I’d bought fake IDs before.
One I got from the older brother of a friend with whom I shared a (very) passing resemblance.
It was thrown in the cash register by the clerk at Currie Gas Station, never to be seen again.
Another I got from a senior at my school who claimed to do the best work in town. He didn’t.
That one was confiscated by the manager at Tobacco Outlet Plus.
Then there was the one I tried to make myself. I didn’t even get an opportunity to use that one.
It was taken by the police when the party I was at got busted.
You’d think an unlucky young man such as myself would just throw in the towel and wait the five years until I turned 21 since being able to walk confidently into a liquor store and out with a case of beer in my hand clearly wasn’t in the cards, right?
Well, my mom didn’t raise a quitter.
I was standing outside Sunrise Liquor & Gifts with my friend Luke, “Excuse me, sir”-ing (as in “Excuse me sir, I forgot my ID at home, could you possibly grab me and my also-over-21-year-old friend who coincidentally also does not have his ID on him a case of beer? I’ll pay you extra for your trouble”. It worked exactly as much as you’d expect). We were about ready to call the operation a bust when a man walked up to us from the alley behind the liquor store, dressed in a nice suit with a touch of silver in his hair and a toothpick in his mouth.
“Sounds like you boys are having some trouble.” he said, his voice somehow simultaneously gruff and silky, almost like two people talking at once.
“Ha, yeah, you could say that.” I replied, looking at Luke, who kept his eyes trained on the man. “Is there any chance you–”
“I’d be happy to.” the man cut me off. “I can imagine being a kid just trying to have some fun. What’re you looking to get?”
“Just like…a 30 pack of Keystone?” I said, incidentally posing it as a question.
“I see you like the good stuff.” the man laughed. “Yeah, I gotcha.”
I began to thank the man as I reached into my pocket for the money, but he stopped me.
“Nah, you pay me when I get back out here with your stuff. Doin’ it your way will get you ripped off. I’ll be right back.”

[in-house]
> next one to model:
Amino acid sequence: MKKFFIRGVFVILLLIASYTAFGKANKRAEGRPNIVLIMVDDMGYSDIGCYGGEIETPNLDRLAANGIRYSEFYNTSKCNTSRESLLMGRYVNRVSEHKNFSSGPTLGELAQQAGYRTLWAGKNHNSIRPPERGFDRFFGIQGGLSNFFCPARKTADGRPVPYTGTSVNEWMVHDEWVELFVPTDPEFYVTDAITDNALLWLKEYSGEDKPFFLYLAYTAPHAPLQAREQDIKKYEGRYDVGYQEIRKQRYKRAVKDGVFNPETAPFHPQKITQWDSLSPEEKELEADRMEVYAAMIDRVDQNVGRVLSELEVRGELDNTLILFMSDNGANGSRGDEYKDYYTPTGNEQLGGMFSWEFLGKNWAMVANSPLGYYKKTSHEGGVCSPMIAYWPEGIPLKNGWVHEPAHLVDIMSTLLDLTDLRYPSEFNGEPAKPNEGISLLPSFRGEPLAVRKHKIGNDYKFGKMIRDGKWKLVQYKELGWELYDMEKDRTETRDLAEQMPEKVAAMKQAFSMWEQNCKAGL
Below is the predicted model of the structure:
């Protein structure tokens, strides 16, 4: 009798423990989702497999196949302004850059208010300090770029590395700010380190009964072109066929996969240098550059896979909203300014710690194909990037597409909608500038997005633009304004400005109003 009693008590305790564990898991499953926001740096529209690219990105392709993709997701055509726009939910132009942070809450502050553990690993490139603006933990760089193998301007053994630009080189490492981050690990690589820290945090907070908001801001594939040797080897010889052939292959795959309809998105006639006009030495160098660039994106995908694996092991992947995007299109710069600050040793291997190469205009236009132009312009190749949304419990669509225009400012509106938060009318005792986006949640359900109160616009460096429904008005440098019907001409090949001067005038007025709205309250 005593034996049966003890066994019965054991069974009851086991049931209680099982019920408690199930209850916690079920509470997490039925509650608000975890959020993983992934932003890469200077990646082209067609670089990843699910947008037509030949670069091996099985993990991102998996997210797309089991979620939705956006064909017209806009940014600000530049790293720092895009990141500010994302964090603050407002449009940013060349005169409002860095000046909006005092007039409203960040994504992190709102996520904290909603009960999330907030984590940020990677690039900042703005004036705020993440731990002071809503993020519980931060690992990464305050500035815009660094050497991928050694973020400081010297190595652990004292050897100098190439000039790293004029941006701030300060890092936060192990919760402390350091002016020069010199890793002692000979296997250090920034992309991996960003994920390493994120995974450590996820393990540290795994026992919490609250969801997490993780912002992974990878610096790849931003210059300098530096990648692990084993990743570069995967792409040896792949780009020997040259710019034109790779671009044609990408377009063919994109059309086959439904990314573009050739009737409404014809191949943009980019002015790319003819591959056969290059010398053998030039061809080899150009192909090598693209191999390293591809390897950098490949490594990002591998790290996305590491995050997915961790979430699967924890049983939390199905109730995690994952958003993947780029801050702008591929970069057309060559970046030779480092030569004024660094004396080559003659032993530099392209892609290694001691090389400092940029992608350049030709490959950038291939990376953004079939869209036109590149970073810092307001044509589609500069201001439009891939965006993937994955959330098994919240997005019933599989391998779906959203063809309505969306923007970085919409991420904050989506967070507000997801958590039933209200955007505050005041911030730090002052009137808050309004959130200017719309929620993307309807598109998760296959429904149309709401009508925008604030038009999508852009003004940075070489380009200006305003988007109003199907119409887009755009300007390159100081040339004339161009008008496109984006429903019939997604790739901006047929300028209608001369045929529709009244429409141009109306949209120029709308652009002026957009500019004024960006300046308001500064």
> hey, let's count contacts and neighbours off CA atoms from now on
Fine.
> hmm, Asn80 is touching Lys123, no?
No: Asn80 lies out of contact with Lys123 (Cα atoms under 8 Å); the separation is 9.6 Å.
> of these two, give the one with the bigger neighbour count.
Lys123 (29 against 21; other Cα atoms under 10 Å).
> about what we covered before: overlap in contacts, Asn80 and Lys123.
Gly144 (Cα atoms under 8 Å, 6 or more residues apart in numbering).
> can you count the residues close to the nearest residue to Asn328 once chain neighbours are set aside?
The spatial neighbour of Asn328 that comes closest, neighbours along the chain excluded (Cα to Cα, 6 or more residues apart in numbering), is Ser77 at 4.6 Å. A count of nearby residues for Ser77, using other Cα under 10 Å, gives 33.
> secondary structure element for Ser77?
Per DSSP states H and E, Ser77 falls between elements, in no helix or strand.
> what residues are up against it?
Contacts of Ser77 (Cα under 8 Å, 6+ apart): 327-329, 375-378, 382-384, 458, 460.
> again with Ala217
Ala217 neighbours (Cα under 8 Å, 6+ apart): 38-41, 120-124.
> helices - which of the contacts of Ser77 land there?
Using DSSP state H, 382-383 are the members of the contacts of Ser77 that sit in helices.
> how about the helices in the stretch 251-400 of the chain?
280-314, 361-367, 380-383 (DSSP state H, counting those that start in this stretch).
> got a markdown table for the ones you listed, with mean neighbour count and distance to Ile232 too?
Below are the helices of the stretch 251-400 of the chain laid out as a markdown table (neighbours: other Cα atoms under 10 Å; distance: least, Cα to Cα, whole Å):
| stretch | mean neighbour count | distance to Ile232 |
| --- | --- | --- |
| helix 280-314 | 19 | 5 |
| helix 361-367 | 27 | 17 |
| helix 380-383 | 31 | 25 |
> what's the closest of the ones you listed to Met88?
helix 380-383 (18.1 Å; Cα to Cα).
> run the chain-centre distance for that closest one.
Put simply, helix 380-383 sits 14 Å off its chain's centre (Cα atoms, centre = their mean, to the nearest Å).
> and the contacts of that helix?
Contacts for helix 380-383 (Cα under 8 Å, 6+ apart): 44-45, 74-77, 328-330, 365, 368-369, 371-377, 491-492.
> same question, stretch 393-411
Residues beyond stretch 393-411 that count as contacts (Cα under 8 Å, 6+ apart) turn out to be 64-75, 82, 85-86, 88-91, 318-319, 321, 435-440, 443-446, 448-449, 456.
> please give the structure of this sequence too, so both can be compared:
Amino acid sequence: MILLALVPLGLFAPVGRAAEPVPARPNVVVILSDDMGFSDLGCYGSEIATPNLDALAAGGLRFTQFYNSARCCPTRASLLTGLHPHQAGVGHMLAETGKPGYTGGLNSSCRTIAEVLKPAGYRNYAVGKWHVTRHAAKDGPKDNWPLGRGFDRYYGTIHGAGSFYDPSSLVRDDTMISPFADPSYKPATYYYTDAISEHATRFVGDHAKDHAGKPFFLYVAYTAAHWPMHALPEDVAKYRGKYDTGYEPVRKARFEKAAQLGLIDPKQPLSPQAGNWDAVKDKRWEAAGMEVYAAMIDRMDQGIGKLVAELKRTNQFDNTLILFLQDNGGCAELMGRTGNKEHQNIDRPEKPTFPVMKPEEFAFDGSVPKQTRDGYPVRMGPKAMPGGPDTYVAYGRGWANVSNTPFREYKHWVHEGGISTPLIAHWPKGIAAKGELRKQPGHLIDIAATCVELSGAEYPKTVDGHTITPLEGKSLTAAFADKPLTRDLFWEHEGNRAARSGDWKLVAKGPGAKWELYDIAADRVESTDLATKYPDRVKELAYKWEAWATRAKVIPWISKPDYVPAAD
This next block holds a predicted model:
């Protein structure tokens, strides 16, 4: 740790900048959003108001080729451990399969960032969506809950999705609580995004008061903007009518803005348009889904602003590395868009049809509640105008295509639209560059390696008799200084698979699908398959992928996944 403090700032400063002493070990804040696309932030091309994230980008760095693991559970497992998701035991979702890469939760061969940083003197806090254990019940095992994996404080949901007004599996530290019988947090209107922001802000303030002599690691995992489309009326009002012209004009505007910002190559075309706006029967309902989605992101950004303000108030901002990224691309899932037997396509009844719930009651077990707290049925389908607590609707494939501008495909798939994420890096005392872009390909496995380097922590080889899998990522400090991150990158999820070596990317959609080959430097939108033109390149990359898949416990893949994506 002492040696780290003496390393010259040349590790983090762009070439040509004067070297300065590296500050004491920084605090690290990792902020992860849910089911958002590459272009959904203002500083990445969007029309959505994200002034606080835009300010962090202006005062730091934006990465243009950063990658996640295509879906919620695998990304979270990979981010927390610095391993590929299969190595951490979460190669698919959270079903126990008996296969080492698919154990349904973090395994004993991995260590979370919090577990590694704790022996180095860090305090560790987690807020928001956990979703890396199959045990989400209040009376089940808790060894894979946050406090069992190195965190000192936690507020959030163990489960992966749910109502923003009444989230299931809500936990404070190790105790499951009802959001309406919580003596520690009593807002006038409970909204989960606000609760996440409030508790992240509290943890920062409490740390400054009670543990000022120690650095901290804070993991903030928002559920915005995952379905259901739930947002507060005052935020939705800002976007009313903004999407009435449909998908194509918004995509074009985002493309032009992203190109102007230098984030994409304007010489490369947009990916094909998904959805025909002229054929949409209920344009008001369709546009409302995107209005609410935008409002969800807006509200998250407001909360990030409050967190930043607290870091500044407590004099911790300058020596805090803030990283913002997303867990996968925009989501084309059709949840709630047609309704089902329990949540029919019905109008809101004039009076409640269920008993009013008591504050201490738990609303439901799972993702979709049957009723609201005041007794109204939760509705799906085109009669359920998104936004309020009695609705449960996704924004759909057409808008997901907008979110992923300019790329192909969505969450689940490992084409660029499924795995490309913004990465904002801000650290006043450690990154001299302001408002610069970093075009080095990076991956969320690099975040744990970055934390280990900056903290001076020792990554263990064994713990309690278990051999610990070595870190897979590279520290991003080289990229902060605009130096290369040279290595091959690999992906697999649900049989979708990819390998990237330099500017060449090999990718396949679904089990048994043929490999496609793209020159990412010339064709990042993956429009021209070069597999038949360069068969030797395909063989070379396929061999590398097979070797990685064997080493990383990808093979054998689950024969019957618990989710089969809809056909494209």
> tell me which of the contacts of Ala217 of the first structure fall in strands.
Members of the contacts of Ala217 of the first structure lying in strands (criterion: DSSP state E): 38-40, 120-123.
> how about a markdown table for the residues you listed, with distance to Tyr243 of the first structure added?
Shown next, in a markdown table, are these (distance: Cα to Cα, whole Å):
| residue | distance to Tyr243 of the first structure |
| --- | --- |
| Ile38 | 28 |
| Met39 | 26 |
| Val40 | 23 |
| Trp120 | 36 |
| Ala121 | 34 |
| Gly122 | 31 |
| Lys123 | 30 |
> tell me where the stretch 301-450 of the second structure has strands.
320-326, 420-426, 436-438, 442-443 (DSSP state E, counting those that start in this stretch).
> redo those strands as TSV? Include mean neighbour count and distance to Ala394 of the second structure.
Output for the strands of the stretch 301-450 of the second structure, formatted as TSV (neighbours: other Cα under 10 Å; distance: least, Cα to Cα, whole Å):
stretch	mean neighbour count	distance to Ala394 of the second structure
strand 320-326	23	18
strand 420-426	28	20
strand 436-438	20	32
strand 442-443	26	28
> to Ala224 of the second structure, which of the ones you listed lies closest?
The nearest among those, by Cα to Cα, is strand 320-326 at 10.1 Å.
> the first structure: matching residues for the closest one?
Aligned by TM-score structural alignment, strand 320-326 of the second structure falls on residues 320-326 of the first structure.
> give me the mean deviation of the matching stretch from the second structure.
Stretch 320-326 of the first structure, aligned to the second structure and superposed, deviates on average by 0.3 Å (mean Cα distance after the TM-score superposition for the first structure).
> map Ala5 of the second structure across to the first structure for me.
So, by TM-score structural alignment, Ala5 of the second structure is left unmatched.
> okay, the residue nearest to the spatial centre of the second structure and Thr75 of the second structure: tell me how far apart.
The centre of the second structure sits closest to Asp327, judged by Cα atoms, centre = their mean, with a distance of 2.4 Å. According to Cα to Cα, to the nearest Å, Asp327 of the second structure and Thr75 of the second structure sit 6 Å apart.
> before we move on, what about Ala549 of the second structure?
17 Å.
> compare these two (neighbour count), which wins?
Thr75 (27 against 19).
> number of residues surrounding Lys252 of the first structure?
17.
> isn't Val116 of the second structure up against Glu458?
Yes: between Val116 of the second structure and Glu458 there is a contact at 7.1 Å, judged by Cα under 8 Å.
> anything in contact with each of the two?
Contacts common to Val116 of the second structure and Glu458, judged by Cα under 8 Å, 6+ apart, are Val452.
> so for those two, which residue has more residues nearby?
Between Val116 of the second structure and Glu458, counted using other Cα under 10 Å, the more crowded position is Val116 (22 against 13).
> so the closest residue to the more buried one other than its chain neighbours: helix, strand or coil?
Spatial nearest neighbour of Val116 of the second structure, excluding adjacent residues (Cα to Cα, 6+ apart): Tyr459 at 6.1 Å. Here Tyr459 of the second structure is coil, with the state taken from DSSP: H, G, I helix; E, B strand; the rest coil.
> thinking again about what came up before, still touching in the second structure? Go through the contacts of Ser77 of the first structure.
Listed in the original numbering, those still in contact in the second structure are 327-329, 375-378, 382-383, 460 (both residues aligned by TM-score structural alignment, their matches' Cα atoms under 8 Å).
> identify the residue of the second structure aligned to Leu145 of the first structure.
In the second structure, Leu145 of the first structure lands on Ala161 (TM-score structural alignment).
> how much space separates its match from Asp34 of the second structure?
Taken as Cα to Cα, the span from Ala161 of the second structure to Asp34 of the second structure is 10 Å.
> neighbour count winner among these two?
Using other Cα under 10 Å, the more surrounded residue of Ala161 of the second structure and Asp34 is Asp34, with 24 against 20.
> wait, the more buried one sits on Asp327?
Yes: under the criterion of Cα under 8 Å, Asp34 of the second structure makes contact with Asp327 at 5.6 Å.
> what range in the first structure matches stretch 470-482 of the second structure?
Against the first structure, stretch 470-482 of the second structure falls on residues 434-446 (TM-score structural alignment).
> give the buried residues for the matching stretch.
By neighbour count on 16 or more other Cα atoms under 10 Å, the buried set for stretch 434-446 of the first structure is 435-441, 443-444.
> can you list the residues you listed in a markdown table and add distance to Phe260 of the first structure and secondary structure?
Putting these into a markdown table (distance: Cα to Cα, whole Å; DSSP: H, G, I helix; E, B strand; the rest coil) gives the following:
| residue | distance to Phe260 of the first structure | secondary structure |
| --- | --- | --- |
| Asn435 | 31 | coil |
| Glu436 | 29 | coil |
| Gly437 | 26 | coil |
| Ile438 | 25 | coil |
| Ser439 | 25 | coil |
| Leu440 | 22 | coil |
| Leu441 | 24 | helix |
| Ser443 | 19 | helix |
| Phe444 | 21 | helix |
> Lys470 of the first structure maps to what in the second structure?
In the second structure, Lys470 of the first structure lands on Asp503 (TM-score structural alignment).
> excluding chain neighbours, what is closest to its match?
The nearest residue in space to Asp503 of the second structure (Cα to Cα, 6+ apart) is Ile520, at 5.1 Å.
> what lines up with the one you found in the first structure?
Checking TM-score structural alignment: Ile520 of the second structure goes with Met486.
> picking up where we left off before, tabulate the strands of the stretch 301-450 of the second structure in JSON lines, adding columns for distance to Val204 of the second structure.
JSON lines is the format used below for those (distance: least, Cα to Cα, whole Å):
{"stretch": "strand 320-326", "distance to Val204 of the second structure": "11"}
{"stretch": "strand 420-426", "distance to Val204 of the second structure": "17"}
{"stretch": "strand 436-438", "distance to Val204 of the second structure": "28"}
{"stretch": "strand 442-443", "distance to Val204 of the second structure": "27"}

The man disappeared into the liquor store. Luke remarked that there was something strange about the man, and he wasn’t wrong. He wasn’t outwardly threatening or anything, be it in personality or appearance, he was just…almost too nice, but not in a perverted way? It’s difficult to explain.
After a few minutes the man returned with our beer. He traded it to me for my cash, even going so far as to provide me with as close to the proper amount of change as he could make.
“Thanks a lot, man. We really appreciate it.” I said as Luke and I began to turn to walk the short distance to where he’d parked his car.
“I don’t know why you put yourself through this!” the man called out before we were too far away. We turned back around to hear him better. “Why don’t you just get a fake ID?”
Luke laughed, much to my embarrassment.
“I haven’t had the best luck with them.” I called back.
“Take down my number. When you can get the money together, you shoot me a text, we’ll get you set up.” he said, pointing his toothpick at me as if to add theatricality to his proposal.
And so I did. I was told the fake ID he would provide me with would cost $300, use my picture, and work if it were scanned by any store employee. On top of that, money wouldn’t change hands until I had a chance to see the final product.
I had a little money saved up, and the rest I got together from two paychecks from my shitty part-time job at Kohls. I rationalized the purchase by considering how I could effectively become the main distributor of alcohol for my school and recoup my money, something Luke agreed with.
A week and a half after we first met, I texted the man from the alley behind Sunrise. He instructed me to have a picture of me taken, and to do so following the same set of guidelines the DMV uses, which he provided me. Once I did that, Luke and I met him by Sunrise again and I gave him the picture.
Upon arranging our final meeting, the man informed me that he would be asking me to leave my phone with him as collateral while I went in to use the ID as a test, and didn’t want to spring that condition on me when we met. He explained he’d been “burnt” before and while he trusted me, he had to think as a businessman. He said it gave people the choice between having a fake ID and $300 or a fake ID and a phone, which likely costs much more than $300 anyways.
He assured me that while he might be in an illegal business, “every word [he] ever said to [me] would be the truth.”
Two days following that quick meeting, I met the man there once again (this time alone as Luke was at work). This time, the man wasn’t in his typical well-tailored suit, but rather a red t-shirt and jeans, not identical but certainly similar to my own, joking that great minds think alike and that I “had a good sense of style”. Nevertheless, I was finally handed the most legitimate fake ID I’d ever seen.
The name on the ID was “Thomas Francis Woolery”, and the address was one on the other side of town from where I actually lived. It had all the necessary holograms and other security features, and seemed to be in perfect order.
“Take it for a spin!” the man in the suit and wide-brimmed hat invited. “It works, you pay me. It doesn’t, I’ll buy you whatever you need myself and get to work on finding a new career I’m actually good at.”
I agreed, but as I turned to walk into the store, he stopped me.
“Kid! Ah, I always feel like such a dick asking, but the phone?”
“Oh, right.” I was apprehensive, but everything up to that point had been on the level, and it really, honestly did make sense. I like to think that if I were in the business of selling new identities to children, I’d have a similar policy.